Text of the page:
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The government has published further guidance on how the forthcoming Job Retention Bonus Scheme will operate. The scheme will enable eligible employers to claim £1,000 for each eligible employee in respect of whom they have previously made a valid claim under the Coronavirus Job Retention Scheme (CJRS) and who remains in continuous employment until at least 31 January 2021 following the closure of the CJRS on 31 October 2020. The policy paper indicates that the one-off bonus payment is intended to provide additional support to employers who keep on their furloughed employees in “meaningful employment” after the CJRS ends and
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The Competition and Markets Authority (CMA) launched a COVID-19 taskforce back in March 2020 to identify any commercial practices that adversely affect consumers and to consider appropriate responses to help businesses comply with the law and protect consumers' rights. One of the areas where the CMA received reports of unfair practices concerned the early years sector (nurseries and childcare providers). The main areas of concern related to payments and cancellations in the context of COVID-19 lockdown restrictions. This prompted the publication of a statement by the CMA on 30 April 2020, on how the law applies to consumer contracts, refunds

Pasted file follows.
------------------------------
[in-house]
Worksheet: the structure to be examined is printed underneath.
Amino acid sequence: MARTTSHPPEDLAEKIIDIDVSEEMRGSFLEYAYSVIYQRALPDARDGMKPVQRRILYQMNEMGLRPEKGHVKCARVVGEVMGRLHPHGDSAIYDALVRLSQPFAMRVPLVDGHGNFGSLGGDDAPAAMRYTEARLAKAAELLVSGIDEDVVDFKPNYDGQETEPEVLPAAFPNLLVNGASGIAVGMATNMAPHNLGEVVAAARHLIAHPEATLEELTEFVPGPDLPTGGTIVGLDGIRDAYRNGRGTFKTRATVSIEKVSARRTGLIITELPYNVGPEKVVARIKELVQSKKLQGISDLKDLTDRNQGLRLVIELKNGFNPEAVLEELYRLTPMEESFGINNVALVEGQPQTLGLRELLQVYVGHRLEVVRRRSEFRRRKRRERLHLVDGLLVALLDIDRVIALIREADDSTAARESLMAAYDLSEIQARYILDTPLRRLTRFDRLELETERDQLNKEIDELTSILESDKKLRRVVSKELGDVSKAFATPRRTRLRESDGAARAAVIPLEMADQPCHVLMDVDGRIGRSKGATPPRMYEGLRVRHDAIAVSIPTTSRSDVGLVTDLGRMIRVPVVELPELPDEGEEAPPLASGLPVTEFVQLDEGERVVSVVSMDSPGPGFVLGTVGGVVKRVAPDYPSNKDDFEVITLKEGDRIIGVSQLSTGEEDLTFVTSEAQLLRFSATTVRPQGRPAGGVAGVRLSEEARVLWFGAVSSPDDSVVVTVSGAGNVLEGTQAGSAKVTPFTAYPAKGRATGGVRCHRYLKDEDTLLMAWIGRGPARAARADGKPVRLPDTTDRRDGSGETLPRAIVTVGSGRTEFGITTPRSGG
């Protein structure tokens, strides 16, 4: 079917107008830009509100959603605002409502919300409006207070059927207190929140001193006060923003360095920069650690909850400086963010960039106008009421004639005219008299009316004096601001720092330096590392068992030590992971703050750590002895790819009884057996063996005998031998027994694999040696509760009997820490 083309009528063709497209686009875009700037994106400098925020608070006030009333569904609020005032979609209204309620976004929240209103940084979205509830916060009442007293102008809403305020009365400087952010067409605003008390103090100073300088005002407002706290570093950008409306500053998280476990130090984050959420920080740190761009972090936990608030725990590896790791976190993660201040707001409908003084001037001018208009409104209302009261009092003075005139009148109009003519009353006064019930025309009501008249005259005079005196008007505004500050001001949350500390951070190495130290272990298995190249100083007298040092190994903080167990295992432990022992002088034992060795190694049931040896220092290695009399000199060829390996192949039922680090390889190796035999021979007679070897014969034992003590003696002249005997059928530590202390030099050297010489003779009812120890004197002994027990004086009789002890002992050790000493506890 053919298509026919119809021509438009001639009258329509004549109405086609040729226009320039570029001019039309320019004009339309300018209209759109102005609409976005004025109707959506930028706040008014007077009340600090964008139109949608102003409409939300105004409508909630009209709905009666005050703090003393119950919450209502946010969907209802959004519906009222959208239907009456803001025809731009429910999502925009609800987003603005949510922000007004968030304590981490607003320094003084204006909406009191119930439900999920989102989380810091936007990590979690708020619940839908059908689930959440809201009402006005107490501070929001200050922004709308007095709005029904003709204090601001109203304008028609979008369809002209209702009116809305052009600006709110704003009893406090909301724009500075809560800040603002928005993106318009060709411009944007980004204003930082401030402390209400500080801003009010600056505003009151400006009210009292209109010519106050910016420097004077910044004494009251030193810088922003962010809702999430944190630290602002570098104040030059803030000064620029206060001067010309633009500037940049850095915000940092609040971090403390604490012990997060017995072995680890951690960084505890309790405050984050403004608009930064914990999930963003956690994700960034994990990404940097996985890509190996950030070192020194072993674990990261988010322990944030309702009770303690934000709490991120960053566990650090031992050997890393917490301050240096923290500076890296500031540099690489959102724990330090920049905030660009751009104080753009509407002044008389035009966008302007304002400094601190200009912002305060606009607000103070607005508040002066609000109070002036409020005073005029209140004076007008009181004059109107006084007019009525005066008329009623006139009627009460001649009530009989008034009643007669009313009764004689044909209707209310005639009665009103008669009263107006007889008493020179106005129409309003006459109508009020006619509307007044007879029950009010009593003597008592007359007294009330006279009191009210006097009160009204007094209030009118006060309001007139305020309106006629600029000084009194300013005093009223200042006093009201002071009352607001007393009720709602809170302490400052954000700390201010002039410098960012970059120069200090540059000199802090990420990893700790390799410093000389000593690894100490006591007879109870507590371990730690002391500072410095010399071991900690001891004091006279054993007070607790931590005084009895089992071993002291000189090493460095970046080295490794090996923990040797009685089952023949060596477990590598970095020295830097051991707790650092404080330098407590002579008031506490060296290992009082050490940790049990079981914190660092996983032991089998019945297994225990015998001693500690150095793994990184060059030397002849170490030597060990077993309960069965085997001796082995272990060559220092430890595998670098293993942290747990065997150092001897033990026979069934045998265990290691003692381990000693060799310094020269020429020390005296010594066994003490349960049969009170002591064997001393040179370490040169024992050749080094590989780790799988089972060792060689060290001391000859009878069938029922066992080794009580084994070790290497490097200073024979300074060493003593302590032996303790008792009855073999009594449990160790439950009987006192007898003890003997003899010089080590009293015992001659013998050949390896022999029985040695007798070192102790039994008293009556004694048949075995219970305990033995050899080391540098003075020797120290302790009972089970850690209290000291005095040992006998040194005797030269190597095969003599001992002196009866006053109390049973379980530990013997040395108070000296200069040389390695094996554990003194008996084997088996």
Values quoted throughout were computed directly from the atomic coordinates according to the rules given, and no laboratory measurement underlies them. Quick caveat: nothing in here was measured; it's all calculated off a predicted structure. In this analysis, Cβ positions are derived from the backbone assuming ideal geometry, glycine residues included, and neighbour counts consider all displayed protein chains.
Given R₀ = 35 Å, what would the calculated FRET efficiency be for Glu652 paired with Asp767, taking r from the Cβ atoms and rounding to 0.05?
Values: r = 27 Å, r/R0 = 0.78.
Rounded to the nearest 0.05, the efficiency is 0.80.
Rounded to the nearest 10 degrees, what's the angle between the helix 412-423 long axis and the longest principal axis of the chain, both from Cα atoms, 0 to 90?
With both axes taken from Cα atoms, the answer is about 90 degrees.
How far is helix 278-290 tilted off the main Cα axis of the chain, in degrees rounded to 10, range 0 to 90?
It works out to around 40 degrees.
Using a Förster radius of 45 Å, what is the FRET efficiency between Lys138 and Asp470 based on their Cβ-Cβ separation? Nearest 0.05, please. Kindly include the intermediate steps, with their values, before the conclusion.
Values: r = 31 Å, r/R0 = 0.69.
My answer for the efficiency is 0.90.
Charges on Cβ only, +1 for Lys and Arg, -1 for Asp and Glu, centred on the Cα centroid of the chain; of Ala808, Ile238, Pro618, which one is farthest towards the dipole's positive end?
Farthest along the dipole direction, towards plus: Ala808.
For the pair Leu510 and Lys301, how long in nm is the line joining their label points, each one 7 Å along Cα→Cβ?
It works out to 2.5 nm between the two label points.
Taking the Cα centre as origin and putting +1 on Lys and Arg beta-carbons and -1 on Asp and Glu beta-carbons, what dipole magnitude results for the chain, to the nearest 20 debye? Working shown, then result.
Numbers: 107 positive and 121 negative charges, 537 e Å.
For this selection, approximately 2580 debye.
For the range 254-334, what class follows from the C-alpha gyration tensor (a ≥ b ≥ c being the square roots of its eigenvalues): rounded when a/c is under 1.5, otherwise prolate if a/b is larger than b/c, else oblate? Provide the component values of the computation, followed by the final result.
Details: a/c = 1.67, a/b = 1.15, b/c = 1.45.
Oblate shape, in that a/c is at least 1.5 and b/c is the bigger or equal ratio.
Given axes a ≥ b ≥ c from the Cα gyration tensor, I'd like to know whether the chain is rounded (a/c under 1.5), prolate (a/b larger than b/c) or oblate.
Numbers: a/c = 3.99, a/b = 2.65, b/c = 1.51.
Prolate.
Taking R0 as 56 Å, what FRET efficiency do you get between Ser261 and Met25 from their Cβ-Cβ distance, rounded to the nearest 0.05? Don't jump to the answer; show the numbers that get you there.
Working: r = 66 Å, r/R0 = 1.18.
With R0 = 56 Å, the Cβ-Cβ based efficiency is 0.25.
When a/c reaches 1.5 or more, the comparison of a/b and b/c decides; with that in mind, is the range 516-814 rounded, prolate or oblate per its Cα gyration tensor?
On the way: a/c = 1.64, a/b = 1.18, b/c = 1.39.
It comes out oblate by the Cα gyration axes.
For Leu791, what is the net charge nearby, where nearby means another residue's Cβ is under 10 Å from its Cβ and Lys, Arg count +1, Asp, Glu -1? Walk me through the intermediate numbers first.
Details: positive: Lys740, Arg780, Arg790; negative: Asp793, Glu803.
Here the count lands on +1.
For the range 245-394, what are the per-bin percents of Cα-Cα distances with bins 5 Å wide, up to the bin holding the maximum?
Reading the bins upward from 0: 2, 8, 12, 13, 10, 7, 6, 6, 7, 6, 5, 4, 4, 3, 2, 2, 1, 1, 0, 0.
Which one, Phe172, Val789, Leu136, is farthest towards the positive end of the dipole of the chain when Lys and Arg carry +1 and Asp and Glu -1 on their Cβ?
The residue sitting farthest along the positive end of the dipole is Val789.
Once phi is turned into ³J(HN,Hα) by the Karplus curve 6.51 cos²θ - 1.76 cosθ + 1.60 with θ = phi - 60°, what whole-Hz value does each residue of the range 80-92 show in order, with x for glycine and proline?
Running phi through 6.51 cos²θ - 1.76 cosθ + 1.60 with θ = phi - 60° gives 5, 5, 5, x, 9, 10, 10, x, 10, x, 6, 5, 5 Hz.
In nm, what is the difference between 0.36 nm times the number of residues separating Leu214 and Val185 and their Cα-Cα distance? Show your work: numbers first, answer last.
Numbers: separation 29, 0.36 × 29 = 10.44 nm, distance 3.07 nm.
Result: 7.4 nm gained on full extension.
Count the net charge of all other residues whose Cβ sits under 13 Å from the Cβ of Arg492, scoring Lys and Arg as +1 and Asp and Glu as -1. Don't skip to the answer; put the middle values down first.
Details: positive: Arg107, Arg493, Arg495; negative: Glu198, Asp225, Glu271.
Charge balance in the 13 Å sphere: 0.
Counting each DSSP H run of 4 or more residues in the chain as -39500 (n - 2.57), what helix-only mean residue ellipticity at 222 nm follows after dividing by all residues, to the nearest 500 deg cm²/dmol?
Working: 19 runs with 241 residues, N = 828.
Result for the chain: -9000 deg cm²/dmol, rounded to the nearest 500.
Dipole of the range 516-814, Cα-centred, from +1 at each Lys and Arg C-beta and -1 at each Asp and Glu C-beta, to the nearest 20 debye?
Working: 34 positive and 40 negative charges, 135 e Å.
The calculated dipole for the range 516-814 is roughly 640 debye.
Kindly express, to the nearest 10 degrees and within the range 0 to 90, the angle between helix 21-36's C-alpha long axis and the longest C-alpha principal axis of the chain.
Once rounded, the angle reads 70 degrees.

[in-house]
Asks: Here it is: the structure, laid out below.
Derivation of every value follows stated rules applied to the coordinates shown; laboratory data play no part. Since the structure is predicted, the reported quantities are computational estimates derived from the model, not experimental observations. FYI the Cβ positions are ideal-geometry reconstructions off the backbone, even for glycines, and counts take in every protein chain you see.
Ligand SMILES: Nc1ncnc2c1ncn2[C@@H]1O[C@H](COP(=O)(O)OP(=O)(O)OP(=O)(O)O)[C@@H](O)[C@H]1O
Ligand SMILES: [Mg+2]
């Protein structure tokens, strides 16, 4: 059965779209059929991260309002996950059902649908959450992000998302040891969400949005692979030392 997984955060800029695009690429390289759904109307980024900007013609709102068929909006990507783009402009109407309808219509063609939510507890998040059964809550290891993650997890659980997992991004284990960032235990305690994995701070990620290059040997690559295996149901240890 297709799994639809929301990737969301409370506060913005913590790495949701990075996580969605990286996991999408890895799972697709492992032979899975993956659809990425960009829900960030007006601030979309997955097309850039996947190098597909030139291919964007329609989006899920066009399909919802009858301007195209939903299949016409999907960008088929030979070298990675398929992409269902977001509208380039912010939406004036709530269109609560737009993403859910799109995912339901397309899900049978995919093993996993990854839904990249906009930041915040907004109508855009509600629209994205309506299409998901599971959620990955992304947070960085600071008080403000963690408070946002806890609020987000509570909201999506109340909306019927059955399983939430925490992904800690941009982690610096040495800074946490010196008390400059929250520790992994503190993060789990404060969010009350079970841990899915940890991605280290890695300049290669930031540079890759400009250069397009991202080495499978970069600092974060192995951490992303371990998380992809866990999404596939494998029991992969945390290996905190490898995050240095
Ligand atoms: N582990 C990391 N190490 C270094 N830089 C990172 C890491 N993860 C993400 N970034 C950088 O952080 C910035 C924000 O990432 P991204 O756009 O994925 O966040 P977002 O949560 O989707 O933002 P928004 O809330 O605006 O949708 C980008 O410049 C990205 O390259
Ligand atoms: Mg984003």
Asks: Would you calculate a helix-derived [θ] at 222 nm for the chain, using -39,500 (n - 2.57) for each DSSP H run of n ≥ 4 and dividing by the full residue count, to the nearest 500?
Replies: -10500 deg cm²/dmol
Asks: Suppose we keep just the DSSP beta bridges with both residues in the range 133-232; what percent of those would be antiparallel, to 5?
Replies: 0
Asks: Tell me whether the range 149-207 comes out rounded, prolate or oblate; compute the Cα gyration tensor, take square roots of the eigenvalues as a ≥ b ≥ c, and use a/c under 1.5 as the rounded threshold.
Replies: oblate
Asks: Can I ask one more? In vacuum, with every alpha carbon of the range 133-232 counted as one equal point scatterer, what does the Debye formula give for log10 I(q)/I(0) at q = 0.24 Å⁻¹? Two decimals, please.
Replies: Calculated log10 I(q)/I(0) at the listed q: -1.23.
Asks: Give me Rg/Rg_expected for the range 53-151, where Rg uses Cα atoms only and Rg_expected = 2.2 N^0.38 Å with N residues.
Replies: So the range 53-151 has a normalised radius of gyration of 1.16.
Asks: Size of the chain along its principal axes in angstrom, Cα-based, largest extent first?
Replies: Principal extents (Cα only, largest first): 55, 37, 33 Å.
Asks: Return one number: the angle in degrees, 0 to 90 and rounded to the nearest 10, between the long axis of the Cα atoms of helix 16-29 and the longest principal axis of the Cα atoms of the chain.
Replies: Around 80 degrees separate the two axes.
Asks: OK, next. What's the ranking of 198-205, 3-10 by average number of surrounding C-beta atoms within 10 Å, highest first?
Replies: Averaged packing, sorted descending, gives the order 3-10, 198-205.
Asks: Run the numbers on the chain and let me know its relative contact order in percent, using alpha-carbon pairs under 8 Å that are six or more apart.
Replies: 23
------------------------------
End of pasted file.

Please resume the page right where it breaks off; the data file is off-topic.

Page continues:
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Over the past few months, HMRC has unveiled a package of measures to accelerate the growth of the UK's customs intermediary sector. These announcements included £50 million of new funding to support businesses with recruitment, training and supplying IT equipment to handle customs declarations as the transition period comes to an end on 31 December 2020. The application process for the £50 million of additional funding opened on 29 July 2020. HMRC, which is running the scheme, is encouraging customs intermediaries (including customs brokers, freight forwarders and express parcel operators) and traders who make their own declarations to take advantage
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£20 million worth of new government grants have been released to help small and medium sized businesses across England recover from the effects of the Coronavirus pandemic. These grants will provide businesses between £1,000 and £5,000 to help them access new technology and other equipment as well as professional, legal, financial or other advice. Commenting on the announcement, the minister for regional growth and local government, Simon Clarke MP, said: 'We have always said that we would stand behind our businesses and communities as we rebuild following the Coronavirus pandemic. This new funding does exactly that.' The support will be fully
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There are businesses that have benefitted from the current COVID disruption. Particularly, those that can deliver goods and services online. There are far more that have not benefitted. Before COVID-19 reared its disruptive head businesses were exhorted to make profits. This was the way most firms created surplus cash-flow and value in their businesses. Since the initial, national lock-down – March 2020 – profitability has been the experience of the few rather than the many. Government grants, and in particular the furlough scheme, have enabled businesses to mothball activity and keep some semblance of financial credibility. But for a significant